At this point in the Olympic action, I’m hoping that you’ve already caught some of the televised rugby action. If you have, perhaps you’ve heard a few questionable comments from the announcers and asked yourself “did they just say what I think they said?” Yes, yes they did.
In rugby, there’s nothing inappropriate about the Hooker being sent to the sin bin, aside from the fact that he’s left his team a man down.
I promised to keep it short, so think of the “sin bin” as the penalty box in hockey. Commit a penalty, and you’re off to the sin bin for two minutes. Doesn’t sound like that much? Don’t forget, each half is only seven minutes.
As for the hooker? That’s me. No really, that’s my position. The hooker is front and center between the two "props," and leads the "scrum" – the intertwining huddle (see top photo) to establish possession of the ball. Unlike other sports, rugby numbers are assigned by position. From 1-7, the positions are loose-head prop, hooker, tight-head prop, scrum half, fly half, centre, and wing.
So why do they keep talking about how each team is trying? Of course each team is trying— they’re at the Olympics! But in this case, a “try” is rugby’s version of a touchdown. Unlike the NFL though, a try is good for 5 points, and the kick that follows it, the “conversion,” which has to go through the uprights just like a field goal, is good for 2 points.
As for the actual play of the game, it’s fairly simple. When you have the ball, run straight up the field and apply downward pressure to the ball as you pass the goal line. Ideally, you’ll touch the ball down between the uprights, as the conversion kick is taken directly out into the field from the place of the try. Defense? Hit the guy with the ball. Be sure to tackle low and wrap him up in a bear hug. A spear tackle like you see in football, or a tackle near the neck, a "high tackle" (see above) results in a penalty.
A brief background
First things first. No, rugby is not a foreign translation of American Football. The game came to be in the 1820s at the Rugby Prep School in England when a football (ok, soccer) player picked up the ball, ran with it, and trounced a few of his friends as he ran toward the goal. It must have been one hell of a run, because rugby was born.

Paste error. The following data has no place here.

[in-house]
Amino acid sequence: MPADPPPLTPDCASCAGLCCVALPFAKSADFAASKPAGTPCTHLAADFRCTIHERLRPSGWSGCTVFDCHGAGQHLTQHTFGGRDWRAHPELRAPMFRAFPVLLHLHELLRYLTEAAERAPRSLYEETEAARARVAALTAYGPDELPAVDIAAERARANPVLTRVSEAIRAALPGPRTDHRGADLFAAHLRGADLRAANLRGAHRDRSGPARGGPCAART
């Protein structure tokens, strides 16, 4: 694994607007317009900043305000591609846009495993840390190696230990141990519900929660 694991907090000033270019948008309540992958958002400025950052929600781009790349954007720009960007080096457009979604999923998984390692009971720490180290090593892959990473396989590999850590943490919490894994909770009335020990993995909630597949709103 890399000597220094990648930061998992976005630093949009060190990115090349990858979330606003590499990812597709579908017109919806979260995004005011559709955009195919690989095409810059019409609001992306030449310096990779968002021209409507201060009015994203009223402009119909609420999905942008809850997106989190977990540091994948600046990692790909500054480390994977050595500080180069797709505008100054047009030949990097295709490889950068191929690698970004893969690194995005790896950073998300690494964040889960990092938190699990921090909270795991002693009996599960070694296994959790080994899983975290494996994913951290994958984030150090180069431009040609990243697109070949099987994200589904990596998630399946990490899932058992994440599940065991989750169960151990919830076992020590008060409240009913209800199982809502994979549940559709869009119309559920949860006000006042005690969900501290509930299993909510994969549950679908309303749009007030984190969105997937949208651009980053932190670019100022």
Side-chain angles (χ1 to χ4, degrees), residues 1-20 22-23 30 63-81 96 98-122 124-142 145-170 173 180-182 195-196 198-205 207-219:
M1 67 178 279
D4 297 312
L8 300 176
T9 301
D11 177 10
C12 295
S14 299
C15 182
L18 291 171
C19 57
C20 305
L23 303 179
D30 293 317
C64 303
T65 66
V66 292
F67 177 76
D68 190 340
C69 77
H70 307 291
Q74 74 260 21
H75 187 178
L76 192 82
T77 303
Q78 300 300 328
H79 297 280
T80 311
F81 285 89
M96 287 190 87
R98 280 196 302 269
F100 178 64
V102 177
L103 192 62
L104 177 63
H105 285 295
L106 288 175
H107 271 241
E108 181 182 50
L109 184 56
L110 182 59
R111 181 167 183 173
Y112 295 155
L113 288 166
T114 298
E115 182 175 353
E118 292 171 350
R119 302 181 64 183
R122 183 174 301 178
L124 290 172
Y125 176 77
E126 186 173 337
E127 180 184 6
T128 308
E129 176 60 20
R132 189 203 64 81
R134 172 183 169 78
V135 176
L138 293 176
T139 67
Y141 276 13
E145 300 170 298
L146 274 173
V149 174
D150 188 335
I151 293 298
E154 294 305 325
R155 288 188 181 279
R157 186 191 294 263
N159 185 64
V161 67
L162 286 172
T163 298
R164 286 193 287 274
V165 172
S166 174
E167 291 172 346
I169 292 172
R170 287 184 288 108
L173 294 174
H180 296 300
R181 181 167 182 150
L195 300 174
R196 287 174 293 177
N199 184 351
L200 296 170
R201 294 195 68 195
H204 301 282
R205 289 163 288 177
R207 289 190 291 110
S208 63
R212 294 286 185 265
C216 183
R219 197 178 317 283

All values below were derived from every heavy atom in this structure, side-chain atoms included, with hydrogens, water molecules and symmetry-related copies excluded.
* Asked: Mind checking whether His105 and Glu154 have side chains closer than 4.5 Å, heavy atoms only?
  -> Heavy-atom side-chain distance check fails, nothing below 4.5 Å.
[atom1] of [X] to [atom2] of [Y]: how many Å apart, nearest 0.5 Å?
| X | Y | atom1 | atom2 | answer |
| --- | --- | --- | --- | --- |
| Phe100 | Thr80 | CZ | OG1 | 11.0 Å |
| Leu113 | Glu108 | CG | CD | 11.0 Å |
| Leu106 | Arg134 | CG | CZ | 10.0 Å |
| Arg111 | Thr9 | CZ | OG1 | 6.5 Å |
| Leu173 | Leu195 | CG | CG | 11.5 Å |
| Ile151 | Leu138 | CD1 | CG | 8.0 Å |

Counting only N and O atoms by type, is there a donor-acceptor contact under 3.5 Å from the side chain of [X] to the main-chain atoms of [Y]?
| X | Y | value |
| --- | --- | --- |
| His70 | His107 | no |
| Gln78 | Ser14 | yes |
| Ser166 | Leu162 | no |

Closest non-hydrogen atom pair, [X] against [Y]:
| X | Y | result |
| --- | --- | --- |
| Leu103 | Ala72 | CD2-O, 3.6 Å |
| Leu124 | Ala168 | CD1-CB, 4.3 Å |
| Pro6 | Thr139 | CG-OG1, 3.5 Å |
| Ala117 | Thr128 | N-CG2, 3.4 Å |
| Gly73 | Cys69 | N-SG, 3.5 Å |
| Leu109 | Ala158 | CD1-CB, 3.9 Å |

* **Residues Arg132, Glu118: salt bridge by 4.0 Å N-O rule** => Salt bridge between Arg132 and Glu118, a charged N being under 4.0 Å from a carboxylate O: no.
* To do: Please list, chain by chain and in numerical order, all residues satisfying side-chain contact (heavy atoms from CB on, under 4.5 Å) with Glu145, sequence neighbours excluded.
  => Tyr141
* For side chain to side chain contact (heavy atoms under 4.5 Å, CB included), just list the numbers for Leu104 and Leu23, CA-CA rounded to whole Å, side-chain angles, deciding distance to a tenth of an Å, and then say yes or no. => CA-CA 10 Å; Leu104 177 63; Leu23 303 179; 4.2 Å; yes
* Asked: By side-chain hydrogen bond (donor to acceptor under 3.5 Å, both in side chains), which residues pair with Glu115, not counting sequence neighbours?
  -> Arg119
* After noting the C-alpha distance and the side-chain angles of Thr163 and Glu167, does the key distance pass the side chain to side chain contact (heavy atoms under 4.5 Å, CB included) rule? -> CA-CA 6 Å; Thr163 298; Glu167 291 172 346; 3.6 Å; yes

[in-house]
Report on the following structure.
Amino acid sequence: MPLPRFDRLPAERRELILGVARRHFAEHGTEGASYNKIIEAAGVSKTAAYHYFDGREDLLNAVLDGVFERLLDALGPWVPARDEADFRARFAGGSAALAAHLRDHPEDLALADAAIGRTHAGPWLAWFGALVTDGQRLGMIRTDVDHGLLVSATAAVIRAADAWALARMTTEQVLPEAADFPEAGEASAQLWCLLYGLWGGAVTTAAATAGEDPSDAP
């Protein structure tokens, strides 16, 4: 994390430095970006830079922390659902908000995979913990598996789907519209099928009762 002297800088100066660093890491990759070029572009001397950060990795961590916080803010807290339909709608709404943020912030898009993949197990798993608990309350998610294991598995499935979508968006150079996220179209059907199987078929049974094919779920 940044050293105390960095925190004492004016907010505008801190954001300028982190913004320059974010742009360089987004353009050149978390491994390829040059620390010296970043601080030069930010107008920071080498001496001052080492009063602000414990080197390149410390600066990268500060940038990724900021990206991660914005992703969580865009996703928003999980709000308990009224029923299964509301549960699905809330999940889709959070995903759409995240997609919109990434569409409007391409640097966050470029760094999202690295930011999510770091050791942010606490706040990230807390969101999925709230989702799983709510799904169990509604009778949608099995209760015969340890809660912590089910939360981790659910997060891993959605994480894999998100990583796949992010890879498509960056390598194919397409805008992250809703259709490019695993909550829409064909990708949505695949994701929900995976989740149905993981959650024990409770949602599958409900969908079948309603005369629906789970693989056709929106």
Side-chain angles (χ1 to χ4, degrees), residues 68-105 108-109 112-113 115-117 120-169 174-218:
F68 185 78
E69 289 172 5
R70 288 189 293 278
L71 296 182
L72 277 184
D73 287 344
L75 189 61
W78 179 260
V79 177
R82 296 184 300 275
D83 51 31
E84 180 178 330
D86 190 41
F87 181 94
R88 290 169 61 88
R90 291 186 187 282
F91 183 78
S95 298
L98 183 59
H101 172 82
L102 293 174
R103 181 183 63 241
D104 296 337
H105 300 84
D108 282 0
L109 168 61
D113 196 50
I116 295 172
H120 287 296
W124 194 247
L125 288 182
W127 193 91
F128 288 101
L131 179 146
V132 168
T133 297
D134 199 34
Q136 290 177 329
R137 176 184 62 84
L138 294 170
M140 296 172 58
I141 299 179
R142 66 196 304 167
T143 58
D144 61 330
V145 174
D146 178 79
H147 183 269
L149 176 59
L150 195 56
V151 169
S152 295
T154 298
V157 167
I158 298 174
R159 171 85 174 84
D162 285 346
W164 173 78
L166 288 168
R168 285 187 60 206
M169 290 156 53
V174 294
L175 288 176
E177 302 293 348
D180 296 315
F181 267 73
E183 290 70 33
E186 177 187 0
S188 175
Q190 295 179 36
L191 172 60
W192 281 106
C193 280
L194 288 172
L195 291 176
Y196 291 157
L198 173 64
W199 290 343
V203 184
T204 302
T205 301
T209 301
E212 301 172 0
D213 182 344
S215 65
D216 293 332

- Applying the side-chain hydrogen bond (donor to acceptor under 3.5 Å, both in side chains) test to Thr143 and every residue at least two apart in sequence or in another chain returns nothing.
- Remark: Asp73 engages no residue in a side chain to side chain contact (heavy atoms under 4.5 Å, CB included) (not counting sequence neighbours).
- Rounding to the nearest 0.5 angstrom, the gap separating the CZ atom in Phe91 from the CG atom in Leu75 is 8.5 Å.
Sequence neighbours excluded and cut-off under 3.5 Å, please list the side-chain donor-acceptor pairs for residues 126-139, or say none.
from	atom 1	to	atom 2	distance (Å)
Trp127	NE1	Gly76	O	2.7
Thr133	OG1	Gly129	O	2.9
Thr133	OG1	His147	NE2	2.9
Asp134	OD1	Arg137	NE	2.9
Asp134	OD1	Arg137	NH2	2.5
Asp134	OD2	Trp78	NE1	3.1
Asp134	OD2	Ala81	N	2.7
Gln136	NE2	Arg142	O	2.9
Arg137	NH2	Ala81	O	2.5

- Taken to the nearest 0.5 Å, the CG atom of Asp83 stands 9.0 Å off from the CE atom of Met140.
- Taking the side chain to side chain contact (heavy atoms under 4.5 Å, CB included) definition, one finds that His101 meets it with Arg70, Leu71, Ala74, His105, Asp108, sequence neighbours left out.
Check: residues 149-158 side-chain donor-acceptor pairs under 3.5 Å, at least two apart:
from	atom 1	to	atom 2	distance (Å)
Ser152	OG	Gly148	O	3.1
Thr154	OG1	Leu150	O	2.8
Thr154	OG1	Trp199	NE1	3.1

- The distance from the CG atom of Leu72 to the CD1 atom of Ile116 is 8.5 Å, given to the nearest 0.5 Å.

Since then, rugby has thrived across the Commonwealth countries (former and current British territories) and has taken a distant backseat to (American) football. But remember how the USA won gold the last time around? Well, as it turns out, competition for that medal wasn’t quite as tough as it is in Rio. Rugby made its Olympic debut in 1900, was played again in 1908, 1920, and finally in 1924. The last time rugby was seen in the Olympic arena though, only 3 teams were going for gold. That’s not to say that the competition wasn’t fierce and the rivalries weren’t intense – after the final whistle of the gold medal match, fights broke out not only amongst the players, but between the fans as well.
Now, 92 years later, there are quite a few differences in the sport. First off, the version being played in the Summer Games is “Sevens” — a shortened version of the game with seven players on each side and seven-minute halves. For comparison, the most commonly played iteration of rugby, Rugby Union “Fifteens,” is played with 15-a-side and 40-minute halves. With both sevens and fifteens played on the same size pitch (read: field), sevens is played at all-out, breakneck speed (see the training plan above, and get to work!). Similar to soccer, both editions have minimal time off within the half, with stoppages really only occurring for injury and a lull in play coming while the conversion is kicked. With 12 teams vying for gold this summer, including powerhouses Fiji and New Zealand, don’t blink – you might miss it.